Explosion prompts a call for infrastructure spending

Police respond to the scene of explosion and building collapse in the East Harlem (AP Photo/Jeremy Sailing)
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Investigators suspect a gas explosion caused this morning's East Harlem building collapse, and one councilman is arguing that the tragedy should prompt more investment in infrastructure.

"Initial reports from the devastating explosion in East Harlem cite a noticeable smell of gas immediately before the explosion took place," said upper Manhattan councilman Ydanis Rodriguez, the chair of the transportation committee, in a statement emailed to reporters. "This troubling concern comes just a day after the Center for an Urban Future released a report noting the dire need for mass infrastructural improvements to our city's gas lines, water pipes, roads and rails. Today's events demonstrate how real that need is."

It's not clear yet whether the suspected gas explosion was caused by a failure within the buildings, or whether it was caused by a larger infrastructure failure.

But as Rodriguez notes, there's little doubt that the city's gas lines are aging.

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Yesterday, the Center for an Urban Future reported that more than half of New York City's gas mains "were installed before 1960 and are made of unprotected cast iron, a corrosion prone material."

Gas mains are, on average, 56 years old. And, "largely because of leaks, over 2 percent of the gas Con Edison sends to its customers every year never makes it to its final destination."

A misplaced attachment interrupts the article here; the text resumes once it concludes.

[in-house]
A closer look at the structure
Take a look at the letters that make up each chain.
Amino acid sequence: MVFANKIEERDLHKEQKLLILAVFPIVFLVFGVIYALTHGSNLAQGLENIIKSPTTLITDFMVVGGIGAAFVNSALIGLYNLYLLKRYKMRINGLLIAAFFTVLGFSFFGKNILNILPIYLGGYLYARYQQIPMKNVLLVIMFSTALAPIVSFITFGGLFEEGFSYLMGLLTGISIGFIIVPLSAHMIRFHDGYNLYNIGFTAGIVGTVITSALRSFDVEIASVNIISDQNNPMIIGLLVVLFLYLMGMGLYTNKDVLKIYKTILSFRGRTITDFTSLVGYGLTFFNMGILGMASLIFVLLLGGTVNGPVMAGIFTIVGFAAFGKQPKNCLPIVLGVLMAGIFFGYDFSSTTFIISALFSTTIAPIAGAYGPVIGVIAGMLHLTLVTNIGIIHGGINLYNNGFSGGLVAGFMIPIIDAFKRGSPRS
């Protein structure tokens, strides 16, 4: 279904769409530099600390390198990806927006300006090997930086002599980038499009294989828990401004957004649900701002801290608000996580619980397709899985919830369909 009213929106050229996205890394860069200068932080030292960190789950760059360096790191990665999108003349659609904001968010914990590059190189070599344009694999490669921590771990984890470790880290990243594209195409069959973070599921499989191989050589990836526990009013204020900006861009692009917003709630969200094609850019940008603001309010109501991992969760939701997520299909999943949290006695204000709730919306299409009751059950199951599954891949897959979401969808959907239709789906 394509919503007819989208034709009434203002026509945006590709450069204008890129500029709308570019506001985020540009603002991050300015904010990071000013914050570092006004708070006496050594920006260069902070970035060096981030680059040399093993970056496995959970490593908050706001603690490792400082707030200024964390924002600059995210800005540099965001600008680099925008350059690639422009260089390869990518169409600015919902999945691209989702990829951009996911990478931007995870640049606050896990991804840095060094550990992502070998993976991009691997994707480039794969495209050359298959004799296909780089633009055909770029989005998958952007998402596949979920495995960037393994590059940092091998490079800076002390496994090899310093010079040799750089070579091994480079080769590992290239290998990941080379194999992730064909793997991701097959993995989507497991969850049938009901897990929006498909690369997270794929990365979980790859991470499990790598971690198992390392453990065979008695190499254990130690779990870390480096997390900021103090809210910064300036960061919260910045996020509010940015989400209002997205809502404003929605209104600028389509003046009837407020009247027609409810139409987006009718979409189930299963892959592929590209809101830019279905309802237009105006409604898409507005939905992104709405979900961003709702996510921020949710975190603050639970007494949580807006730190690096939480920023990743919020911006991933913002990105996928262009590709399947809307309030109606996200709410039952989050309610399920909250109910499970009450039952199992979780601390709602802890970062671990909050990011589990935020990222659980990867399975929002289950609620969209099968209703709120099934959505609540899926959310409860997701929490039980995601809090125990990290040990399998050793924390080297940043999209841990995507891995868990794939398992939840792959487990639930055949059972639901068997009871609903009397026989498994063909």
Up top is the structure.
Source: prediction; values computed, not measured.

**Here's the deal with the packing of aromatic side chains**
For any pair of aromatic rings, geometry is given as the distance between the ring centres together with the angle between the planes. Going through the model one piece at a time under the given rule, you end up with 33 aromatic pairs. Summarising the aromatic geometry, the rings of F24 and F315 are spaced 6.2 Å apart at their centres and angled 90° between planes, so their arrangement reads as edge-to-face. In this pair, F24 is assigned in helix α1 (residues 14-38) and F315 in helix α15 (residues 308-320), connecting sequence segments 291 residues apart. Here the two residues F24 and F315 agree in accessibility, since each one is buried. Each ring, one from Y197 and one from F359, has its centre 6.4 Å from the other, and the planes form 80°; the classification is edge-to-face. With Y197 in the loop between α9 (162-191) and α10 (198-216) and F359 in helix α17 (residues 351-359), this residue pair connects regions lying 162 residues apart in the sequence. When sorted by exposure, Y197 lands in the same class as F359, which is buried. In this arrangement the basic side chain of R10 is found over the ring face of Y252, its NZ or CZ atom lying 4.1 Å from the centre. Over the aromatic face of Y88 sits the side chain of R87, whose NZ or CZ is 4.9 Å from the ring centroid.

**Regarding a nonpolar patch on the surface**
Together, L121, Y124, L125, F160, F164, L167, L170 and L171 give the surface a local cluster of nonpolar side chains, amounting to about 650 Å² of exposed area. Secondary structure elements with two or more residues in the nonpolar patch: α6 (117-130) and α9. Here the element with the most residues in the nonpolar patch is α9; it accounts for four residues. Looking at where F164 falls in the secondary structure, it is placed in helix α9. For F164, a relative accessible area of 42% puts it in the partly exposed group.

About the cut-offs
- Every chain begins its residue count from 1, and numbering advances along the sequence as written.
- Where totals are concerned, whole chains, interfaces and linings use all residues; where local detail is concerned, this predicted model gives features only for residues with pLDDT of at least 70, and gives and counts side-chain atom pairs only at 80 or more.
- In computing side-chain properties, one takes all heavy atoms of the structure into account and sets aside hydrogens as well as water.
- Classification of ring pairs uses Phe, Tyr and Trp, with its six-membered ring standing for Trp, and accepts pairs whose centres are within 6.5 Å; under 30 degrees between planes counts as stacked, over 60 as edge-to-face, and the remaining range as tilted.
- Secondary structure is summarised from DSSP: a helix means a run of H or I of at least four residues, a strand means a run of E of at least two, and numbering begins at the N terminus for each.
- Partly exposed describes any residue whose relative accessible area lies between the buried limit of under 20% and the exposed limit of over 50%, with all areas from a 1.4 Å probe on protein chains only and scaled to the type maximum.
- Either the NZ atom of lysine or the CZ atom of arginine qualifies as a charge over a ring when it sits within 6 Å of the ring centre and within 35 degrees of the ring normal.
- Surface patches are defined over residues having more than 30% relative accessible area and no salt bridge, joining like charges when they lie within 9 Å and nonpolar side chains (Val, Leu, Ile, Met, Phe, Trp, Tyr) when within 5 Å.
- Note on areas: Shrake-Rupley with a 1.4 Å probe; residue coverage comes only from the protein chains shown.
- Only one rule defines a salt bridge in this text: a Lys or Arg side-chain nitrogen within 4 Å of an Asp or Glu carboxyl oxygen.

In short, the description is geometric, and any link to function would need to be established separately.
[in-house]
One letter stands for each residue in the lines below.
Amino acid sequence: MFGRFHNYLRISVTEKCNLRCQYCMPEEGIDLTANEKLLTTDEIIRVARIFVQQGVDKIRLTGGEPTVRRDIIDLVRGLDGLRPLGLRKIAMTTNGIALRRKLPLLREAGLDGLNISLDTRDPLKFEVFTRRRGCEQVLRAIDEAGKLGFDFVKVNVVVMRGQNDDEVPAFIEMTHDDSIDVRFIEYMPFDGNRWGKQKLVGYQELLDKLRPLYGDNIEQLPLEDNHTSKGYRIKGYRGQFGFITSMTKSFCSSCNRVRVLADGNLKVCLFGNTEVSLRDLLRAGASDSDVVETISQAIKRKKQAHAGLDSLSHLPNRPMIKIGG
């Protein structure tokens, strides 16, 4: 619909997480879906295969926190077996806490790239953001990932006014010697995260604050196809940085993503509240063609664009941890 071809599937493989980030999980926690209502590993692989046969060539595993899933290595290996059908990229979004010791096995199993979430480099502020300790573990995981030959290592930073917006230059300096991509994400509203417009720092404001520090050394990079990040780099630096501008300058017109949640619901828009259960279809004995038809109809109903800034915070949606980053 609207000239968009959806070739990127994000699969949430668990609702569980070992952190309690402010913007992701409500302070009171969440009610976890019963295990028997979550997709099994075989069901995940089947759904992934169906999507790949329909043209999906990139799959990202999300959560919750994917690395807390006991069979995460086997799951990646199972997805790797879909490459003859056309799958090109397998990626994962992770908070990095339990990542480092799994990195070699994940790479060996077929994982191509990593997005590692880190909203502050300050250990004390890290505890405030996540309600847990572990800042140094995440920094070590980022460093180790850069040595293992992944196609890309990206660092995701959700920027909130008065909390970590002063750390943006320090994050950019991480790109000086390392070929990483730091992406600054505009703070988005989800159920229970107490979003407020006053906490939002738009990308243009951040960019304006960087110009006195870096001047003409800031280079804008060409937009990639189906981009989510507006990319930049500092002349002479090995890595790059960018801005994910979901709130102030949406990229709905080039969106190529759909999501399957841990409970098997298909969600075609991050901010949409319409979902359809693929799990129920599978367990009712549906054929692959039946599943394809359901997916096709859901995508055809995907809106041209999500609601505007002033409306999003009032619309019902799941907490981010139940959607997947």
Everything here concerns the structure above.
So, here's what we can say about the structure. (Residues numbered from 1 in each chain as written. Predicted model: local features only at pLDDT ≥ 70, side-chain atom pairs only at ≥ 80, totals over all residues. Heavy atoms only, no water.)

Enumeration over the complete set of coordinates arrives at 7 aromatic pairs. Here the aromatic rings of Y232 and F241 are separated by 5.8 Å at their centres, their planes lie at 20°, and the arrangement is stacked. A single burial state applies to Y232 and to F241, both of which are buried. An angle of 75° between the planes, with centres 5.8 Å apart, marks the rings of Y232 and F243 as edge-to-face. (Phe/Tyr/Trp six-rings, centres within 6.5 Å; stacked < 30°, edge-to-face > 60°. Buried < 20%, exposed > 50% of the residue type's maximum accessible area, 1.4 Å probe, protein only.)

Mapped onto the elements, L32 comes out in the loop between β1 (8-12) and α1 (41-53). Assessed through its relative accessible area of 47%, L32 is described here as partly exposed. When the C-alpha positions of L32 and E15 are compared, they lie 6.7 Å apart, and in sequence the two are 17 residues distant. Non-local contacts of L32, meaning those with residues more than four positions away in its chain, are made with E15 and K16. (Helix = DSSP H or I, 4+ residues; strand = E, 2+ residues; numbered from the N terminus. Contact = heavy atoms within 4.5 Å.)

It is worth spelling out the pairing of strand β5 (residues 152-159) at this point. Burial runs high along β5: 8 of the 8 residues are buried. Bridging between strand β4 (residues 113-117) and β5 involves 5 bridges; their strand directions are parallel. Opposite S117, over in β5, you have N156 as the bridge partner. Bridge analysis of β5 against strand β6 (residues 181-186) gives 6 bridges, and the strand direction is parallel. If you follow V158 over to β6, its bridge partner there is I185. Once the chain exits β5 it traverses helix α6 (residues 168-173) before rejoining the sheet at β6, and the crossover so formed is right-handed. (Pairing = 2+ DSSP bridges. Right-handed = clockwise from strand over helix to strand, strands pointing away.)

New York City is heavily reliant on those creaky gas mains for heating and electricity and is and becoming even more so, thanks, in part, to the relative abundance of the relatively affordable natural resource.

Con Edison serves 833,000 customers in New York City, including the buildings involved in today's explosion, and "according to the federal Pipeline and Hazardous Materials Safety Administration, Con Edison experienced 83 leaks for every 100 miles of main in 2012. Corrosion was responsible for a total of 427 of these leaks.

National Grid, which has 1.2 million city customers, had "45 leaks per 100 main miles in 2012 and 68 total leaks caused by corrosion."

Failures in cast iron gas lines can cause explosions.

"With two reported deaths and over a dozen injuries, the human cost of inaction is clear," Rodriguez said. "If the necessary funding for these repairs and improvements is not granted by the federal and state governments, tragic occurrences such as today's may become more common in our city."

"I will work with Speaker Melissa Mark-Viverito and Mayor de Blasio to push for more funding for our transportation infrastructure and will look to hold a hearing on the troubling reports from the Center for an Urban Future to see what more we can do as a city to make our future more secure," he went on.